Warren Ellis’ Global Frequency

522C2CC5-C518-4BAB-BF32-EB721AA3B82FGlobal Frequency is one of the best comics that Warren Ellis has created, a series so interesting that there have two attempts to make a television series out of it.

Global Frequency is a organisation devoted to combating those incidents that are too extreme, too weird, or just too dangerous for the usual first responders to handle. Funded by the mysterious Amanda Zero, it consists of exactly one thousand and one agents, all of whom are specialists in something, say, for example, bioweapons or taking out snipers.

Each agent has a mobile phone that helps keep them in contact with Global Frequency so that they can respond when needed. Keep in mind that this was written at a time when mobile phones were far less common than today. These phones are depicted as having both a camera and an oversized video screen,

Global Frequency has exactly one employee, a punkish woman named Aleph who is the nexus of Global Frequency in her nest of electronics and communications gear somewhere deep underground. From there, she monitors everything going on in the world, makes decisions on which to respond to, and calls a Global Frequency agent to tell them they have an assignment. It might be stopping a sniper up close and pesonal, but it could be just tasking a satellite to be over a certain place at a certain time.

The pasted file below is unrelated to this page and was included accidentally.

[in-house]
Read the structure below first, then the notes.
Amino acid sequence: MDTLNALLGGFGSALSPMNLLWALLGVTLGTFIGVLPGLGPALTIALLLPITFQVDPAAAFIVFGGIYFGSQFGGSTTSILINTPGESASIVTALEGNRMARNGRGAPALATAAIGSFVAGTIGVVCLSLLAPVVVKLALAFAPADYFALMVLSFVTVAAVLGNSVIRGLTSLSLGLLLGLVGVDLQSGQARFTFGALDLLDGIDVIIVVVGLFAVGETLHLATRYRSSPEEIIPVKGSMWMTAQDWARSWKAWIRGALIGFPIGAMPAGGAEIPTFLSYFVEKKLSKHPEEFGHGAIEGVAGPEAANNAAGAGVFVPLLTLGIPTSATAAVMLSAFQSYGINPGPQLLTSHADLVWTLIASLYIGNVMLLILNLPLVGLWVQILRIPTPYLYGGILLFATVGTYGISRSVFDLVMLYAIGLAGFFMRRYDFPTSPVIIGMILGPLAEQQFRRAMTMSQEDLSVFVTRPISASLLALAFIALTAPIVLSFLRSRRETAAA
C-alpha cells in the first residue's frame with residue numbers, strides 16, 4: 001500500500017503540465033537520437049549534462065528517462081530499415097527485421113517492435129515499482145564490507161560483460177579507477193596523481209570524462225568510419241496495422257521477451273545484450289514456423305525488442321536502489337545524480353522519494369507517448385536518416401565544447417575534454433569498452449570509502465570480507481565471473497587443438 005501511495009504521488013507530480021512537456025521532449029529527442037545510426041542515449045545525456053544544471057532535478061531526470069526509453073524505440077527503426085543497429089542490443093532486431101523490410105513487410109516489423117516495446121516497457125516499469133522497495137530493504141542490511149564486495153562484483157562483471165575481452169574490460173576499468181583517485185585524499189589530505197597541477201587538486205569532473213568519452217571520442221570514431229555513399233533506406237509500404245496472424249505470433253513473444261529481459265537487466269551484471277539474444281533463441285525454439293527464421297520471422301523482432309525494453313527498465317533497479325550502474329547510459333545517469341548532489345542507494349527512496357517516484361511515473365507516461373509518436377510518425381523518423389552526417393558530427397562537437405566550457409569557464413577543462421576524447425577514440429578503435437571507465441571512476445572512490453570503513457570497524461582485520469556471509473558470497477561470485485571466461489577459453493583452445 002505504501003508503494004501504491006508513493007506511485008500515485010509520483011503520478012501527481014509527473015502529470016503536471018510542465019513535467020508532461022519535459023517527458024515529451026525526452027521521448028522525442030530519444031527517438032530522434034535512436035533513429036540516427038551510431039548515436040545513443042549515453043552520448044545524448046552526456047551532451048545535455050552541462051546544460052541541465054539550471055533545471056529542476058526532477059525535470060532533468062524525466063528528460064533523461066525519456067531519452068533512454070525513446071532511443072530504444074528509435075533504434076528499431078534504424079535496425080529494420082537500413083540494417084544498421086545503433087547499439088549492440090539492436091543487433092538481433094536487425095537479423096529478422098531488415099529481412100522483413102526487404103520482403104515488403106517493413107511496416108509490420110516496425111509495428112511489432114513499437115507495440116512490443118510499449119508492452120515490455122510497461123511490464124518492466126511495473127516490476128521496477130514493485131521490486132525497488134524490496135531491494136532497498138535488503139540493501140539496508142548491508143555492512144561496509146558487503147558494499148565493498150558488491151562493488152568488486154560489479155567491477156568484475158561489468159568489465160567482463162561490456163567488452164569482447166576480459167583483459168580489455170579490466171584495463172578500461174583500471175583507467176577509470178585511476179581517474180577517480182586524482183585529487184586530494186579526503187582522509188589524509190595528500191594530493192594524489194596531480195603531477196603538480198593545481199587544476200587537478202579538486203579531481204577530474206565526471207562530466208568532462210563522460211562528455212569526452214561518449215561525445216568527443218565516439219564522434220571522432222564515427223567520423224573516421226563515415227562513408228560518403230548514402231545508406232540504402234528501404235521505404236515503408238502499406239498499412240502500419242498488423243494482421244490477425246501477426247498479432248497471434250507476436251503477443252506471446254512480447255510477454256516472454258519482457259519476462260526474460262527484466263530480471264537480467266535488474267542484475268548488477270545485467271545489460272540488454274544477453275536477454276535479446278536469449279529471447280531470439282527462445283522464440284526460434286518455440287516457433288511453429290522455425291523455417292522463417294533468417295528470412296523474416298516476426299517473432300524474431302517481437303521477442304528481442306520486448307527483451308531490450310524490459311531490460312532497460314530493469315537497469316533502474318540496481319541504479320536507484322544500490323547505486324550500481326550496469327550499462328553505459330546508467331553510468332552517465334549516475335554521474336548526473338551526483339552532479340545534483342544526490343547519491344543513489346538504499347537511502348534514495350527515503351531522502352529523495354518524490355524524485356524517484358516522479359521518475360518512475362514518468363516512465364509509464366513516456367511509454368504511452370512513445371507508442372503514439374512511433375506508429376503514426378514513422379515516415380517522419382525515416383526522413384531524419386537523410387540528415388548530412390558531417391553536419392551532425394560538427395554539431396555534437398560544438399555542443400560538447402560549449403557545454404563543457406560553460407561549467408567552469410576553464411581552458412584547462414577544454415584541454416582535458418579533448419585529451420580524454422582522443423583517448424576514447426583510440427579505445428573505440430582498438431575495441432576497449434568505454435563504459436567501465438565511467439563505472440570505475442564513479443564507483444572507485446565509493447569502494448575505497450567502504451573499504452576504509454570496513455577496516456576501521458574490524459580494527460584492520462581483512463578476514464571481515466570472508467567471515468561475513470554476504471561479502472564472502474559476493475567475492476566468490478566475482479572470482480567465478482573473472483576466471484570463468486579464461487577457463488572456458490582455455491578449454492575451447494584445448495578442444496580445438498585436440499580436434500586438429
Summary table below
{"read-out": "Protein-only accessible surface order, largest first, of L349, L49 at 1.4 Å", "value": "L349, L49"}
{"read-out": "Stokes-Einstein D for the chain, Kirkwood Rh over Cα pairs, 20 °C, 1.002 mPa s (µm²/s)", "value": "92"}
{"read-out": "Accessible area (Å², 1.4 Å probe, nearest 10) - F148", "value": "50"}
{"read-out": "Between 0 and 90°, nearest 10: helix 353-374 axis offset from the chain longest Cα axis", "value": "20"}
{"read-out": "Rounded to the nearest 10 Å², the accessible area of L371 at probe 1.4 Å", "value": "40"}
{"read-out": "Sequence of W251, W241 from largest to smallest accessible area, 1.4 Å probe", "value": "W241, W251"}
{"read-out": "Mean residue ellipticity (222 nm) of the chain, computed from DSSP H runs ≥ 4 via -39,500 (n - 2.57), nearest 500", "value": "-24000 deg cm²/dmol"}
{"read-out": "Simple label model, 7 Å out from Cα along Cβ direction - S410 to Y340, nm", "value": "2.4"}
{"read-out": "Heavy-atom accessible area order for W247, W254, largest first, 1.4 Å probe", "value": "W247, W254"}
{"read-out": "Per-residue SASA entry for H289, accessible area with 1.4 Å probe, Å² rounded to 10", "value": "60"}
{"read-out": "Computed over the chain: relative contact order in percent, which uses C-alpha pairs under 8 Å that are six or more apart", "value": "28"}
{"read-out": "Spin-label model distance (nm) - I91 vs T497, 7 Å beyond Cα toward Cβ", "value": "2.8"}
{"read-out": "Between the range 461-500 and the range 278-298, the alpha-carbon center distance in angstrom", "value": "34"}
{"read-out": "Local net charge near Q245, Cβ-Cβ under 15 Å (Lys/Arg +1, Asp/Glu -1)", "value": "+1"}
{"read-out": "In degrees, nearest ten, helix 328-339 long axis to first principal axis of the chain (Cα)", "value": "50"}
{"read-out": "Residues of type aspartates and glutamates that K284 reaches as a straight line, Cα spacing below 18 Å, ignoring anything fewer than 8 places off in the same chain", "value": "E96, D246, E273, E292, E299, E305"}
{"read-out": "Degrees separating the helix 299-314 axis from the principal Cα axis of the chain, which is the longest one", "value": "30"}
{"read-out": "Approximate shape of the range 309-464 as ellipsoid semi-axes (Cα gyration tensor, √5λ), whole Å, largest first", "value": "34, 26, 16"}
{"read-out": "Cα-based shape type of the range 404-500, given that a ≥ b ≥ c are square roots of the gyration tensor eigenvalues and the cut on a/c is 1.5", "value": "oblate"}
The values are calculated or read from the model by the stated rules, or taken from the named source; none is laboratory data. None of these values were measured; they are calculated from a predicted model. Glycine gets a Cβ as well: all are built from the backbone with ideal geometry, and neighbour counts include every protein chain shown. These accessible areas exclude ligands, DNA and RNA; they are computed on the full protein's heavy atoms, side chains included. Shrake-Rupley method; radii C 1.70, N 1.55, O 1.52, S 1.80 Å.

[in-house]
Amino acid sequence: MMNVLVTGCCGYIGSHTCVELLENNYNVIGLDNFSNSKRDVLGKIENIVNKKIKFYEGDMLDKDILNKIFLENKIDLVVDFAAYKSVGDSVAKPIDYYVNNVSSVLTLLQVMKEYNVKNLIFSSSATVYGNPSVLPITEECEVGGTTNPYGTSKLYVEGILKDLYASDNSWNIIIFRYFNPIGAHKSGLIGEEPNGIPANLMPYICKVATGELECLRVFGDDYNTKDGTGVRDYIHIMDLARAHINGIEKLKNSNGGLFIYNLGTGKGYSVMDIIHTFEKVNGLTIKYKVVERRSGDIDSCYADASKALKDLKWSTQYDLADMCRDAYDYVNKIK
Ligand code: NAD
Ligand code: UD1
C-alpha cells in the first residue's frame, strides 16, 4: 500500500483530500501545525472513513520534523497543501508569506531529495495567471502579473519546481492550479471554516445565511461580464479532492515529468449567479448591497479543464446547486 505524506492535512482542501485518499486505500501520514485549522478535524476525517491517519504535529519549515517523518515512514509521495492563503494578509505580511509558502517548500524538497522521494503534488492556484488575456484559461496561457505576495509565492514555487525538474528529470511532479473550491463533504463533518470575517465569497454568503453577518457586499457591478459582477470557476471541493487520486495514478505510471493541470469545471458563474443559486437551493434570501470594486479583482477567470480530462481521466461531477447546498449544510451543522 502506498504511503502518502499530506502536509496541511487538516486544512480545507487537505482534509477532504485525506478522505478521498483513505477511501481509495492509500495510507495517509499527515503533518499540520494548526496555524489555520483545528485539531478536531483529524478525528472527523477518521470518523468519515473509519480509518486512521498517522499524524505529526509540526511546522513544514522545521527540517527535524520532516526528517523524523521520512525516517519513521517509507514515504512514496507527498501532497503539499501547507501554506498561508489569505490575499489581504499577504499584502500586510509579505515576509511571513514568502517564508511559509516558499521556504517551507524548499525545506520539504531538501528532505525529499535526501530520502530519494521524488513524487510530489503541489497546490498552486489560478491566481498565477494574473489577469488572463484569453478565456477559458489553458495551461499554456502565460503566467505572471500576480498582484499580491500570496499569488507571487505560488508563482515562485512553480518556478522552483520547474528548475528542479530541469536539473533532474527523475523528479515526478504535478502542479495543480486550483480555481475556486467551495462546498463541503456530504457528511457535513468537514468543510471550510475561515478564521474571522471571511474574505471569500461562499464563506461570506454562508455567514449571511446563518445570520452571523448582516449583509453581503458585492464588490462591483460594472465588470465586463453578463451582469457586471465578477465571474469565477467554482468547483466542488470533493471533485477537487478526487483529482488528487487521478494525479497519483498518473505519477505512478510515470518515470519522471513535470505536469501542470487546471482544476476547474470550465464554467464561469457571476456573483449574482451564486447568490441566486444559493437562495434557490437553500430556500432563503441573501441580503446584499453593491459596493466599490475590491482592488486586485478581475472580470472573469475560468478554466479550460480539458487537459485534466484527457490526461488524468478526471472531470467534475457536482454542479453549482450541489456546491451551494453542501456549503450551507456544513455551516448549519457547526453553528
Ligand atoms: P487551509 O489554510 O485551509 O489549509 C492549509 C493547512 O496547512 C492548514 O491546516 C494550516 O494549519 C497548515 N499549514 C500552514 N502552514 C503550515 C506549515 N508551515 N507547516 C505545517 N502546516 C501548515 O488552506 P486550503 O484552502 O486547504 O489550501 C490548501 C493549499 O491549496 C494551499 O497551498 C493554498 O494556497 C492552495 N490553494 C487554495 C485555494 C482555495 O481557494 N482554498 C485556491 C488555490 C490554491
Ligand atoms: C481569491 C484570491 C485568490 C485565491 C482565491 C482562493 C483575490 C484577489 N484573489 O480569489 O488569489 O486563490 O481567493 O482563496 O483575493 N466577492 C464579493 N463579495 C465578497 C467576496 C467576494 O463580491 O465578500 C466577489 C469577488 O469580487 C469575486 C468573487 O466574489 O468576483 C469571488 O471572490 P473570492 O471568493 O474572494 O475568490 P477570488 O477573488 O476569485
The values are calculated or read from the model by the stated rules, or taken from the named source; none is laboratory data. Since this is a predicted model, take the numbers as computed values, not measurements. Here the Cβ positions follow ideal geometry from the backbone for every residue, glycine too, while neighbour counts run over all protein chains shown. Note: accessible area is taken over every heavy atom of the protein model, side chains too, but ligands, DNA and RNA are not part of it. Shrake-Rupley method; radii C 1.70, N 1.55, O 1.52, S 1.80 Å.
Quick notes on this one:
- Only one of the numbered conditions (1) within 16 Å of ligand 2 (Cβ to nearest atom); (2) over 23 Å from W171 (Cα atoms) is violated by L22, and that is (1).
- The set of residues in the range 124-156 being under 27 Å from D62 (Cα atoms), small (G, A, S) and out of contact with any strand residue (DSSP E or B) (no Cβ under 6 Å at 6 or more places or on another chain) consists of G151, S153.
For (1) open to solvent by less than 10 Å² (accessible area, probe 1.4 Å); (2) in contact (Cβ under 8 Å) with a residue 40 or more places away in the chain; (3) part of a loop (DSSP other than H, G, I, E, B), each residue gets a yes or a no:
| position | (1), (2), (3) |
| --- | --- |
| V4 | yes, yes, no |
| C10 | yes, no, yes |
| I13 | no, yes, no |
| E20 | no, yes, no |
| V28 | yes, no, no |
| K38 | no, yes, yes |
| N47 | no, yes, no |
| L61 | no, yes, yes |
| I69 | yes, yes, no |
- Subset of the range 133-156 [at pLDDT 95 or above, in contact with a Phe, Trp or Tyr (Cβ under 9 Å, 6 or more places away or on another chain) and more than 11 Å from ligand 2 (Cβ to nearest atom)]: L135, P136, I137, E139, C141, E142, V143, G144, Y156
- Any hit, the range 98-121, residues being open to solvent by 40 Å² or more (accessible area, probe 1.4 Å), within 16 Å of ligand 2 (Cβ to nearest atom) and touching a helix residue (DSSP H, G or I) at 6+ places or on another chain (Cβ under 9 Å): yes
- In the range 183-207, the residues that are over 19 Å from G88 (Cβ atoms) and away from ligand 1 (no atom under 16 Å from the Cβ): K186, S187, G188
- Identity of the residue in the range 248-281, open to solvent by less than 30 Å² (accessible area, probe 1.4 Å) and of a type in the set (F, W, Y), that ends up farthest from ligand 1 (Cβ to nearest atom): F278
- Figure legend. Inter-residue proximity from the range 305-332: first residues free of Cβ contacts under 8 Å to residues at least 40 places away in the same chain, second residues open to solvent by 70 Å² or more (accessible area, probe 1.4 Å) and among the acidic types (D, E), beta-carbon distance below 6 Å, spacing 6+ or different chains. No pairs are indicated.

The world of the Global Frequency organisation is a post-Soviet world where Science Cities created monsters, where terrorist groups are more frightening than any that exist in this reality, and where kidnapping Amanda Zero to find out what Global Frequency is, is a very bad idea. It’s a nasty, violent world and Global Frequency has the ability to deal with the shit that world is creating.

I’d say that Global Frequency is every bit as great as the Planetary, also created and written by Ellis. It’s certainly one of the very few graphic novels that I take out to read again.

(Vertigo, 2002)

Cat Eldridge

I'm the publisher of Green Man Review. I do the Birthdays and Media Anniversary write-ups for Mike Glyer’s file770.com, the foremost SFF fandom site.

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